The shower head features spray nozzles that have anti clogging qualities. It’s a spray shower head that offers 5 settings and an additional massage setting. You can either have a full-body spray shower or an invigorating pulse massage for muscle relaxation.
Just broke my shower head arm off at the thread yesterday. Found this posting and went down to my local hardware store to look for #10 flat file. After hearing my story, the person who helped me told me that using the file for this purpose have a good chance of ruining it. He then went to his little box of loaner tools and took out a "saw-off" Hanson ST-7 Screw Extractor that was modified for exactly the purpose. I "fit-check" it with the broken shower pipe and it went in about 1/2 inch snugly. This should work because I only have 1 inch pass the threads before hitting the end of the elbow of the pipe in the wall. I took it home and tried it and it worked great. I do have to hammer it in a lot more than I thought I need to (about 1/4 inch) and have to apply even pressure and turn it perpendicular to make it work. The techniques provided by Time Spiral's posting really help even when I ended up with a different tool - just cannot beat a free loaner! They do not call themselves "helpful hardware men" for nothing! I found the "unsaw-off" version of the Hanson ST-7 extractor on Amazon for $5.60. So if you want to try this alternative method and your local hardware store does not have such a customized tool available, you can DIY.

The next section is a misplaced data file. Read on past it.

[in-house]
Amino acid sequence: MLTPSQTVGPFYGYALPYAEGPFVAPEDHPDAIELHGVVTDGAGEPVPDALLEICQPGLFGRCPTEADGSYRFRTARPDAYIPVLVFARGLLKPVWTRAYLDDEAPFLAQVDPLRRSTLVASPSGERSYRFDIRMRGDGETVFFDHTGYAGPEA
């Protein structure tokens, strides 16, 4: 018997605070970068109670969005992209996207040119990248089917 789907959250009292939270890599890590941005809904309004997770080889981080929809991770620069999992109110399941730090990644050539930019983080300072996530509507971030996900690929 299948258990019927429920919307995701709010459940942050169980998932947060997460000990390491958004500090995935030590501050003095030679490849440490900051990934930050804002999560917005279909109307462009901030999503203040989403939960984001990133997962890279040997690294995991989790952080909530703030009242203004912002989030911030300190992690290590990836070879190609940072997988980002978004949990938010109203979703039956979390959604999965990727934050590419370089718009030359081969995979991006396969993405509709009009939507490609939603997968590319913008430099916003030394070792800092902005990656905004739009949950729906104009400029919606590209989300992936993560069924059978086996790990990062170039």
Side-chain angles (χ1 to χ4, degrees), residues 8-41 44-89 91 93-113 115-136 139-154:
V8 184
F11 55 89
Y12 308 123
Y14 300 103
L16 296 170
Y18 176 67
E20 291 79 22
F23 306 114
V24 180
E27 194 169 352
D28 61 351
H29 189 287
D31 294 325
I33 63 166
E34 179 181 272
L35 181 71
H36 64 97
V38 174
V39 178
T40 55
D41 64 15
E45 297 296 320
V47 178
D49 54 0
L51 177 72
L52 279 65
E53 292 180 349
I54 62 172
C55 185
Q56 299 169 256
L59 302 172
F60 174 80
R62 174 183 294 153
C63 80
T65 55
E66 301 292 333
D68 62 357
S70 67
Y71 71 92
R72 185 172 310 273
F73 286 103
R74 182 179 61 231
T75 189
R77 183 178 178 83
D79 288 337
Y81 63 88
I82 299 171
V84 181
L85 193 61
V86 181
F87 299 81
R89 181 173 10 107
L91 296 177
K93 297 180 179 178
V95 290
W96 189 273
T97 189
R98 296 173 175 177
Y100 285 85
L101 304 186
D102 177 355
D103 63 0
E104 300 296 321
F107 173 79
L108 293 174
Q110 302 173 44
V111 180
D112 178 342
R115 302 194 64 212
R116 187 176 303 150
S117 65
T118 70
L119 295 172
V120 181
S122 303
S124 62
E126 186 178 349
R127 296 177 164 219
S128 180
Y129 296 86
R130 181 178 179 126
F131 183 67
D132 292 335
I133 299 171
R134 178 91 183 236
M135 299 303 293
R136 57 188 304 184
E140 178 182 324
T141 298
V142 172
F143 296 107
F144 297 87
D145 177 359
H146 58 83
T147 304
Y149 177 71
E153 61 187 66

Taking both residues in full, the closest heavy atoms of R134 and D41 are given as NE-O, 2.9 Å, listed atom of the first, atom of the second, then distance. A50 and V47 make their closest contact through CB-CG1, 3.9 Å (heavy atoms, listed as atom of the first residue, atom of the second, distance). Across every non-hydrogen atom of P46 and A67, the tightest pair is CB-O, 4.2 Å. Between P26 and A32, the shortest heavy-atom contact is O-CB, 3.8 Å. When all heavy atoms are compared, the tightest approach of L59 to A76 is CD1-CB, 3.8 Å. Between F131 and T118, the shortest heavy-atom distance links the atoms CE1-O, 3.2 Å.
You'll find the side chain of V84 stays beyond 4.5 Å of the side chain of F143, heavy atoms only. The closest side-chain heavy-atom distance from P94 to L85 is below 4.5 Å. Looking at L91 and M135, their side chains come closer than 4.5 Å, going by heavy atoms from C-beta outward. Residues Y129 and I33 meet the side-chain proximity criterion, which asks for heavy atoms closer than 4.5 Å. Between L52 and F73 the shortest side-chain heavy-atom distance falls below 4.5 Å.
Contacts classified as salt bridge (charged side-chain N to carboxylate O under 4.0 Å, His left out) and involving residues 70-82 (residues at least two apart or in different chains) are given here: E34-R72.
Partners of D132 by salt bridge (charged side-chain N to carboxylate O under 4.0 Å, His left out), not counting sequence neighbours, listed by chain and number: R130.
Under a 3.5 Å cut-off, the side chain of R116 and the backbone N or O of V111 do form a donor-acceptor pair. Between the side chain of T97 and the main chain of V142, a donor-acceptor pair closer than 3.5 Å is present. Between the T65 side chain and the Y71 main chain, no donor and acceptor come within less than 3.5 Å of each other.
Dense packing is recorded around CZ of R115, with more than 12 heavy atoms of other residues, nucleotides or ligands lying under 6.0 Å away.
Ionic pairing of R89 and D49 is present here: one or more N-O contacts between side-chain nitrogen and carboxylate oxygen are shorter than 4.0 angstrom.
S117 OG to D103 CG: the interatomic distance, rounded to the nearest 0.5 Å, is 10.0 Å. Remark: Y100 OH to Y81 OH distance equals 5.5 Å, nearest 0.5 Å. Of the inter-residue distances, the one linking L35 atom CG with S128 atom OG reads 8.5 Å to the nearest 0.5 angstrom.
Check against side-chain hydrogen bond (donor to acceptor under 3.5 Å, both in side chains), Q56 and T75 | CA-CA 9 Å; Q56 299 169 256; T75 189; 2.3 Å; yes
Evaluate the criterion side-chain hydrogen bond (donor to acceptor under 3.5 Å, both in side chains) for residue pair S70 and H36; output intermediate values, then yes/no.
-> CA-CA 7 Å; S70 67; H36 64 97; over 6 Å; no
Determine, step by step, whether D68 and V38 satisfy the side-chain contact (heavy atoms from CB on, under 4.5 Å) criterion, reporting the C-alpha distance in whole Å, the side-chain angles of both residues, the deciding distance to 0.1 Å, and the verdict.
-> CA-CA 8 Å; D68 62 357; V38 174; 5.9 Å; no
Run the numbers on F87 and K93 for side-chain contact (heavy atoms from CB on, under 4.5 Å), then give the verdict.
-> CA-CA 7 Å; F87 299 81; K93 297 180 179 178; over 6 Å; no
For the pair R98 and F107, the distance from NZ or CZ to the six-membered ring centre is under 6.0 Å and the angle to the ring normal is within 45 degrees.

Another grain rain shower head is offered by the AKDY brand. The entire body of the shower head is made of solid durable plastic. It comes in a chrome finish, which gives the unit a bright and look. It features a sleek thin square design, measuring 8 inches on all sides.
For energy savings, look for showerheads that have a WaterSense label to save water and money. These low-flow showerheads use less water than a standard model. According to government standards, no showerhead can have a water flow rate greater than 2.5 gallons per minute at a standardized pressure of 80 psi (pounds per square inch). Low-flow showerheads use even less than that, which translates to lower energy costs to the consumer. Not every home has water pressure as high as 80 psi. Levels substantially lower than that can make a dramatic difference in the effectiveness of the shower. If it feels as if you never can get the shampoo rinsed out of your hair properly, look for a model designed specifically for low water pressure use.
Some showerheads also come with a cut-off valve that allows you to stop the flow of water while bathing, which greatly reduces the amount of water used in every shower.
Look for a unit in which the spray pattern is easily adjustable. Most showerheads offer three different spray patterns including:
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